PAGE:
3. Draft a strategy – Deciding how and when you are going to write is crucial to succeeding during AcWriMo. Personally, I prefer long, clear spaces of time in which to write unimpeded, which, thanks to the administrative and pedagogical demands of academia, often means that writing gets pushed to the bottom of the to do list. However, one of my AcWriMo goals for this year is to learn to write whenever I have a free moment, even if what I come to write isn’t a perfectly polished piece of prose by the end of it – what matters is that I’m writing every day. One of the great things about AcWriMo is that it actively encourages its participants to be experimental – to write outside of your normal habits and timeframes, and using new techniques to do so. My favourite productivity hacks that I’ve discovered in previous AcWriMos have been the famous Pomodoro Technique, and PhD2Published’s own PhDometer2, a downloadable application which tracks and marks your writing progress.

4. Discuss progress on twitter – As well as declaring your goals publicly at the beginning of the month, regular updates via twitter will help to keep you accountable, whilst at the same time letting you know how everyone else is getting along. Use the #AcWriMo hashtag to find updates from fellow participants and to publicise your own progress.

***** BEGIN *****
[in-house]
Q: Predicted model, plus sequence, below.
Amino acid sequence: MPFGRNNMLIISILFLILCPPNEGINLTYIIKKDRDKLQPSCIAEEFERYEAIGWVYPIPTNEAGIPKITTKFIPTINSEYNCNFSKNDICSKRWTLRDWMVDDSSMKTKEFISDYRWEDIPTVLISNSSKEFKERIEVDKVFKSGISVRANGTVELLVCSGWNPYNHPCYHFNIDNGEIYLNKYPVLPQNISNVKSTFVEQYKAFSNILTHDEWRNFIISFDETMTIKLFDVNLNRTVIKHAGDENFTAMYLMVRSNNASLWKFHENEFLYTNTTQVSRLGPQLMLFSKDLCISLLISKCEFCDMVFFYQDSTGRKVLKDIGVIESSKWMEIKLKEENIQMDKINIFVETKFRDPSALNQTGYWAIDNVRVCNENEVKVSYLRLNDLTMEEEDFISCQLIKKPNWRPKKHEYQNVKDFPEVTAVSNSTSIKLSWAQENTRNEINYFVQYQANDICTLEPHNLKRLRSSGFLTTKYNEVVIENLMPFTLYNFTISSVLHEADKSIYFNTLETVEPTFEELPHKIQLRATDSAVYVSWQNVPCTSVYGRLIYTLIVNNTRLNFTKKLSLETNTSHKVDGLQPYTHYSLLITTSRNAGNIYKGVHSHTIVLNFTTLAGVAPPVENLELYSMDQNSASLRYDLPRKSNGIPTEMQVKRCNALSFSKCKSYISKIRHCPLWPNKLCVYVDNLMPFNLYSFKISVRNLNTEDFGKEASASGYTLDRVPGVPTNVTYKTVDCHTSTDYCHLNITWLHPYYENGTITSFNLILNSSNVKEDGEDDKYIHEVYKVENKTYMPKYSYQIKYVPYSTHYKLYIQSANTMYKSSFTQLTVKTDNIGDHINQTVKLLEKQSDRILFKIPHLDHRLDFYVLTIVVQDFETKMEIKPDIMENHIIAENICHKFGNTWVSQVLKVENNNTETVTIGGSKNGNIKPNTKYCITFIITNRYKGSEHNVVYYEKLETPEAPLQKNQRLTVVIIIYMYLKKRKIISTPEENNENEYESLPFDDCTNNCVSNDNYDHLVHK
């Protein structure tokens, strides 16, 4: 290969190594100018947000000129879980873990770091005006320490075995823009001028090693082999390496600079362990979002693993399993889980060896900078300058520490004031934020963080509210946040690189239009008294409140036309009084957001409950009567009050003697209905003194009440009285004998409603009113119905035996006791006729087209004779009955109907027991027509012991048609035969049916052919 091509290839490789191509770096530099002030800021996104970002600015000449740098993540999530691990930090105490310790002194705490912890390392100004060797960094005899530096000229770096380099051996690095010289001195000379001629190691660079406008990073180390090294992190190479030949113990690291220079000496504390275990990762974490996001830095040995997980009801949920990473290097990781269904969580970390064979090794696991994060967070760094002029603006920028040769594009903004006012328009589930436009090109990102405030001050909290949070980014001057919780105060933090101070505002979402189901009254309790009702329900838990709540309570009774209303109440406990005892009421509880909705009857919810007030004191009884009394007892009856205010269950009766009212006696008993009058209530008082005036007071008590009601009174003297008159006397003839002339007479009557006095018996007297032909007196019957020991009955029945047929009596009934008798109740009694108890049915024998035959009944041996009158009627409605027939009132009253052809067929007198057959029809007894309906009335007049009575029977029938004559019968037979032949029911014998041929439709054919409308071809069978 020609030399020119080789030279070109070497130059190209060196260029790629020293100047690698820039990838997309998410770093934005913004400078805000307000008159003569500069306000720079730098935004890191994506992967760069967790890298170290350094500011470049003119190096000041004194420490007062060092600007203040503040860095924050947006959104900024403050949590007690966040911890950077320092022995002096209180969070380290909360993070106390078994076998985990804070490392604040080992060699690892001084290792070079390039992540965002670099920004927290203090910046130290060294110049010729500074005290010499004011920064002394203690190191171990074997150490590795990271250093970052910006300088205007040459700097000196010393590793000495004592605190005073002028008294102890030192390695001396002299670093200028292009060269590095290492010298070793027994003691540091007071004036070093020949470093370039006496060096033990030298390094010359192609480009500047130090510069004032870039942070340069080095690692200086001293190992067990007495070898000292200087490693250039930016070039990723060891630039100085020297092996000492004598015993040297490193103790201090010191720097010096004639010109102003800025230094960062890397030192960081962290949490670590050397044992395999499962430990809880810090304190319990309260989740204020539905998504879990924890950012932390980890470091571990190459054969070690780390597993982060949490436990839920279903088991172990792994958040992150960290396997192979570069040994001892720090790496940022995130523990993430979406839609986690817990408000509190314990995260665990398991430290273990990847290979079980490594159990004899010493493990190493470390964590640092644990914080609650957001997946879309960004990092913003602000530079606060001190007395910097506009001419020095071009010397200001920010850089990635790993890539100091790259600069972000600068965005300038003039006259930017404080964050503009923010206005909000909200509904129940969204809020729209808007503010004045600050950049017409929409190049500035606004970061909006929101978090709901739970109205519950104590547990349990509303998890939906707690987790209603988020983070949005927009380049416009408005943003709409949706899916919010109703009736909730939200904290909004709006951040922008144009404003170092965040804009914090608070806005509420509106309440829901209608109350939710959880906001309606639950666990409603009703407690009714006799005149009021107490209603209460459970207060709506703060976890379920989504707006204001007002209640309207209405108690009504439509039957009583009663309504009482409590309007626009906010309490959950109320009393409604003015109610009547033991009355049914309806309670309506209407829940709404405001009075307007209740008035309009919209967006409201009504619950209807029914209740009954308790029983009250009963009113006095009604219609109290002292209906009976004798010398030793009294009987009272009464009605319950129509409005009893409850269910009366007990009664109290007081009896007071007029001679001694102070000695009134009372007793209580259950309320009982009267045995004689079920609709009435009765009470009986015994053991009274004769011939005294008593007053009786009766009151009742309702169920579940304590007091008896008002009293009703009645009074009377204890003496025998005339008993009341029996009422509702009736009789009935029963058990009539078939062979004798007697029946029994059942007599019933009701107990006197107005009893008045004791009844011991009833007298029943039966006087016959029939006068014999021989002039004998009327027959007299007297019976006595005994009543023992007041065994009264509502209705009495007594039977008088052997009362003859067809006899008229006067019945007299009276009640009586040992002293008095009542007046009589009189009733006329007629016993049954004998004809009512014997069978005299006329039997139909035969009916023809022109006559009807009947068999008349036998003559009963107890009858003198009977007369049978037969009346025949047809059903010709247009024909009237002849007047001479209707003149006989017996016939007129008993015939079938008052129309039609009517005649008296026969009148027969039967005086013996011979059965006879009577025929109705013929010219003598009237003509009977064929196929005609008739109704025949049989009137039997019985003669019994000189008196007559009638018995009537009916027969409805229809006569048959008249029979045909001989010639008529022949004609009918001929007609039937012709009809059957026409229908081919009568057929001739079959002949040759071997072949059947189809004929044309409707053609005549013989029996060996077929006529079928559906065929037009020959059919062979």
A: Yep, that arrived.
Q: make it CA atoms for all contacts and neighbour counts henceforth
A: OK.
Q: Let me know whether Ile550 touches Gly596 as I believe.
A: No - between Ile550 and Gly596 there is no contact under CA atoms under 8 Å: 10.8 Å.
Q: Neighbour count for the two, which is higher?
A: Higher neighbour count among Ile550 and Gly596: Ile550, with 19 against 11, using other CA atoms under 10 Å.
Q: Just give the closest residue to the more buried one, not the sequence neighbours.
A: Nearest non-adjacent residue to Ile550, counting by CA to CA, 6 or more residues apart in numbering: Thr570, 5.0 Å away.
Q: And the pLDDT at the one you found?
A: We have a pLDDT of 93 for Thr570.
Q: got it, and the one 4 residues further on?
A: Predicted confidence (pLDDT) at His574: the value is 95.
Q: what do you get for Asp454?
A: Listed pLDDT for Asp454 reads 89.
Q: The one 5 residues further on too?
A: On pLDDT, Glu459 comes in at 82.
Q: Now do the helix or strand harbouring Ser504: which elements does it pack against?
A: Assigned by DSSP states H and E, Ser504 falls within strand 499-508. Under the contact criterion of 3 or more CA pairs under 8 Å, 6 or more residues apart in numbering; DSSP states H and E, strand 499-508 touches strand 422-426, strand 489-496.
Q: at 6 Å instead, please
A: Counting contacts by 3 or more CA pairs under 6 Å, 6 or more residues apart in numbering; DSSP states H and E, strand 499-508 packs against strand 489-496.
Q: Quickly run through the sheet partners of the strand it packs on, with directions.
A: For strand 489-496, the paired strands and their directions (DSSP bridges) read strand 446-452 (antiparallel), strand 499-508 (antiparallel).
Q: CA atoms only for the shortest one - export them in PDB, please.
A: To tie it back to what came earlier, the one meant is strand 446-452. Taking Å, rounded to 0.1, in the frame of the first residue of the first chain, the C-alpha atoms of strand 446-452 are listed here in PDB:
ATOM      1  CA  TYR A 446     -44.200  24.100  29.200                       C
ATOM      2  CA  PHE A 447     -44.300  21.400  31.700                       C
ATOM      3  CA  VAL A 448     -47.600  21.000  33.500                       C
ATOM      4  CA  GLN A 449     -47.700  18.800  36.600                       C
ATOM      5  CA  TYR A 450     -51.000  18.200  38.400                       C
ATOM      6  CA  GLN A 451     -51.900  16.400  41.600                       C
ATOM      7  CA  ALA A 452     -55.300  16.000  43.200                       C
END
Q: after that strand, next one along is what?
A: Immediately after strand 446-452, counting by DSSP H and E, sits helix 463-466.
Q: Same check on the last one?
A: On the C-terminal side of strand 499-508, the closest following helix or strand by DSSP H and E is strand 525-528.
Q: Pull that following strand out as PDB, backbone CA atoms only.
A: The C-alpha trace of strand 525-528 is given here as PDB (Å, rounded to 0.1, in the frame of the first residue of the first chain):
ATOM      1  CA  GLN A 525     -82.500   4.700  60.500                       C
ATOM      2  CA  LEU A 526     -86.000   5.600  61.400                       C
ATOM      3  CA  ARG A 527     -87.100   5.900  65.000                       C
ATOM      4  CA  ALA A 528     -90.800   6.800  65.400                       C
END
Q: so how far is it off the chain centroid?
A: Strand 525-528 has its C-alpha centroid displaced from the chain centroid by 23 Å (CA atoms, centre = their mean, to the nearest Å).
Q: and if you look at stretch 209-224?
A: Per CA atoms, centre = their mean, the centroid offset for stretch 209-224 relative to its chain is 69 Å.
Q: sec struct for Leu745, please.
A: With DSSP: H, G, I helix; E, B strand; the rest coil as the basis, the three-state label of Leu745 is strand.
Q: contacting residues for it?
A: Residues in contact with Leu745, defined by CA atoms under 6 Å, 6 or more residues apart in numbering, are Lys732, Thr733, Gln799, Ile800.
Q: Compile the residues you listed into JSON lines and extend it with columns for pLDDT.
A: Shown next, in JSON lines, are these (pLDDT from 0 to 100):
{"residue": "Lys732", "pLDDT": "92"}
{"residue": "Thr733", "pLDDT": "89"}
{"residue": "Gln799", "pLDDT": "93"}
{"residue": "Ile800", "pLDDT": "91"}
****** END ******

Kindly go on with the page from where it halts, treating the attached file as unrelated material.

5. Don’t slack off – This seems relatively obvious, given that this is a month dedicated towards making you as productive as possible, but it’s an important point to remember throughout the month. With marking, teaching prep, and various applications to get done this month, it’s tempting to think that you’ll just write tomorrow. However, the whole point of the exercise is to highlight that there’s NEVER going to be a good time to write, but if you’re committed to even a small amount every day, it will soon mount up, even when working on all of those other, similarly pressing, projects.

6. Declare your results – Announce your results at the end of the month. As the guidelines state on PhD2Published, we’re all human and will have varying levels of success during the month, but knowing what didn’t work is as important as knowing what did.

In the spirit of things, at the end of the month I’ll publish another post on here discussing my AcWriMo 2014 experience, including my goals and whether I met them, the methods I used during it, and what I’ll be taking forward into 2015. Good luck writing!

Podcasts from Emotional Objects Conference